From the endless breadth of patchy particle types, the progress report from these authors in Spain highlights Janus particles with at least one metallic component, including metal–metal, metal–dielectric, and metal–polymeric particle types, as well as looking at non-spherical Janus particles. Metal Janus particles can be created via phase separation methods (emulsion polymerization, seeding, or microfluidics), by partial masking to allow selective functionalisation of existing particles, or by the spontaneous self-assembly of competitive ligands on the particle surfaces. The scalability of each method is assessed, as well as the control each allows over the geometry and size of the products.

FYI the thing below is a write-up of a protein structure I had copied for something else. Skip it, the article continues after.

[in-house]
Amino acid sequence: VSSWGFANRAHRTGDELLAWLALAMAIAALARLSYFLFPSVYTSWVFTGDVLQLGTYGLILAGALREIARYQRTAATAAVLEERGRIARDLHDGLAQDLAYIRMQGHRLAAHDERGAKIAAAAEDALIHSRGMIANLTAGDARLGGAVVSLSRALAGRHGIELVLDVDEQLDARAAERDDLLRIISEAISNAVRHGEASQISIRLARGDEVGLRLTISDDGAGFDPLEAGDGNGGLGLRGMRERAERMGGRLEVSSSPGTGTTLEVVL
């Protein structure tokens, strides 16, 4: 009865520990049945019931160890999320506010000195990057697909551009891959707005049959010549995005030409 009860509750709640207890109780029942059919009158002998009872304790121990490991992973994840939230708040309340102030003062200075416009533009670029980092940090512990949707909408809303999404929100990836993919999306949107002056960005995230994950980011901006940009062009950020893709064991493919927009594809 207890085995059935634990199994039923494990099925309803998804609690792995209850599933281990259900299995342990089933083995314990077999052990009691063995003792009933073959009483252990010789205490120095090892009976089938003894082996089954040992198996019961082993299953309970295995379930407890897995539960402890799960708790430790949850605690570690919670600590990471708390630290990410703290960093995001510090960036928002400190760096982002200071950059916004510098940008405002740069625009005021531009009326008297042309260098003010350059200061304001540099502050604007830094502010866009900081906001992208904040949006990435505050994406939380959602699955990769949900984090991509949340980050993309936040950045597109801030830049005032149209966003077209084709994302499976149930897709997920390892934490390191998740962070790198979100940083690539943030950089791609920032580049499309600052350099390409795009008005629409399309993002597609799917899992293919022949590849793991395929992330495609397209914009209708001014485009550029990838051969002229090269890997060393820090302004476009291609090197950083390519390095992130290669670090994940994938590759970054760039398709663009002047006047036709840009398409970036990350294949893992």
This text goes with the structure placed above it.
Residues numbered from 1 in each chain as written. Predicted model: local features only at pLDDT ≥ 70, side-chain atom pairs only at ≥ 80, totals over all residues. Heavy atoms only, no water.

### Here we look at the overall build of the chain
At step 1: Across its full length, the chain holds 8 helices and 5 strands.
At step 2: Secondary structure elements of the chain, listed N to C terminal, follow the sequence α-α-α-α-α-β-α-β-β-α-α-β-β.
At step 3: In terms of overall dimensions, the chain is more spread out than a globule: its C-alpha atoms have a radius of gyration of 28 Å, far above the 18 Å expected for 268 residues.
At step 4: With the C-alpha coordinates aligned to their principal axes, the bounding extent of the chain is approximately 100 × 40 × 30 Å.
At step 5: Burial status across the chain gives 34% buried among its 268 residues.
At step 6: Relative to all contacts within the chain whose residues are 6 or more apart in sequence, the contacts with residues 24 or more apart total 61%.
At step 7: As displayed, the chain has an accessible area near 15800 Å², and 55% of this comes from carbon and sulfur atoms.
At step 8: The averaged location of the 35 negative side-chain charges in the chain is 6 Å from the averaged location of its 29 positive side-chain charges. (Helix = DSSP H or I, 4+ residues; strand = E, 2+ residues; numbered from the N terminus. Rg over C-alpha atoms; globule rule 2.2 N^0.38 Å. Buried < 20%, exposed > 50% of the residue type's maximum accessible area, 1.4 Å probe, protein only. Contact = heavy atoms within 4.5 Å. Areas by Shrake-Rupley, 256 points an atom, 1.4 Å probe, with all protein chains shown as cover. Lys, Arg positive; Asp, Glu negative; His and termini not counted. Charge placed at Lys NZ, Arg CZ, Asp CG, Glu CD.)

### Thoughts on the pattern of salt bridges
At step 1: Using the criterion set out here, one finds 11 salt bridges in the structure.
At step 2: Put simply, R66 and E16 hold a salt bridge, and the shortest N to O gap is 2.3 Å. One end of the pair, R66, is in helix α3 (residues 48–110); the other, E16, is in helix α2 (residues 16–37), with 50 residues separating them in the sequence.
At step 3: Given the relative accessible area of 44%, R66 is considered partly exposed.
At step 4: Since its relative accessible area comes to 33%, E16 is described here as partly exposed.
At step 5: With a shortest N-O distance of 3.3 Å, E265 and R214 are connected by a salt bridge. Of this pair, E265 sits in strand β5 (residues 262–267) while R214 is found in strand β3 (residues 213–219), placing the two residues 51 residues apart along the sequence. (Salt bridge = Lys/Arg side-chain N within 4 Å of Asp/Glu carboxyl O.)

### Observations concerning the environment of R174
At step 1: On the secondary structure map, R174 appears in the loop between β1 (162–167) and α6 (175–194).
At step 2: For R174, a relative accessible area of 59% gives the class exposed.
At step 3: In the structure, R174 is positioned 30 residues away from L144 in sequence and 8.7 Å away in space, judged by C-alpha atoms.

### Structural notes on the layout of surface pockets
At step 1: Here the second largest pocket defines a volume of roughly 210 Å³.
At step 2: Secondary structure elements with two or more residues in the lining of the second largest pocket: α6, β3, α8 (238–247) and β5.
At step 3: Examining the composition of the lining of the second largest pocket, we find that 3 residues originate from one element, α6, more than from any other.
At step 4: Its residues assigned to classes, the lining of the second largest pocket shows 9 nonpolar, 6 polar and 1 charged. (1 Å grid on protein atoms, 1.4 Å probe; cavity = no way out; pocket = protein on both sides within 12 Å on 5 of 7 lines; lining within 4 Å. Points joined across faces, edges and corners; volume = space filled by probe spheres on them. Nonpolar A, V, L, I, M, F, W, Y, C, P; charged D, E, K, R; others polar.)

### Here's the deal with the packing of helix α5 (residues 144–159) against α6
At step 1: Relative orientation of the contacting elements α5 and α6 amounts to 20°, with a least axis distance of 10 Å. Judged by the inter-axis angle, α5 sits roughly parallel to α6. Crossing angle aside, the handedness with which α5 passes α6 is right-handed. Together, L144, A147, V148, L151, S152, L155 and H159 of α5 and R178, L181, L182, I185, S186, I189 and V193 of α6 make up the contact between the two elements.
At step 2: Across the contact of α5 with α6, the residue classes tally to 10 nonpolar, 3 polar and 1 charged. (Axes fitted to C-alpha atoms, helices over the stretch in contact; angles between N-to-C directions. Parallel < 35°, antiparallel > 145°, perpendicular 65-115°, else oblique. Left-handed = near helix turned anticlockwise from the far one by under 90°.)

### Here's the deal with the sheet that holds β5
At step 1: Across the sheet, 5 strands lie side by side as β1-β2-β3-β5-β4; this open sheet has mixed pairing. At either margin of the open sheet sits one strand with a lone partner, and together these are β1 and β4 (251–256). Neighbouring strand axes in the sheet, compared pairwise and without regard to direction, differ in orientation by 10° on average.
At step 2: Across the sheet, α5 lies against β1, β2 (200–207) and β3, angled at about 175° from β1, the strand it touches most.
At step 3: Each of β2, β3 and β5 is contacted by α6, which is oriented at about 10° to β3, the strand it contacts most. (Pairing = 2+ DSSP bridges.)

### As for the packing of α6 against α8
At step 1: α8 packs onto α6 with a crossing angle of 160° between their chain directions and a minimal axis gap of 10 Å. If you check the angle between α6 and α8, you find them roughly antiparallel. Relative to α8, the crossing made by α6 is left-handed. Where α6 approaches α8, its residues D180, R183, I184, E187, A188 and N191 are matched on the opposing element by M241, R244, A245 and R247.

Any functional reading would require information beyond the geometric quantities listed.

Asymmetry is a neat way of incorporating multiple predictable functionalities into a material, and of ensuring that its reactions are directional, which leads to interesting new abilities that homogeneous materials do not have. Positioning the physically and/or chemically different components directly opposite each other, as with Janus particles, also means that the material can behave like a surfactant, allowing additional possibilities for self-assembly.
Their special properties suggest that the application prospects of Janus particles are endless if, as the authors conclude, their production can be increased and simplified for industry.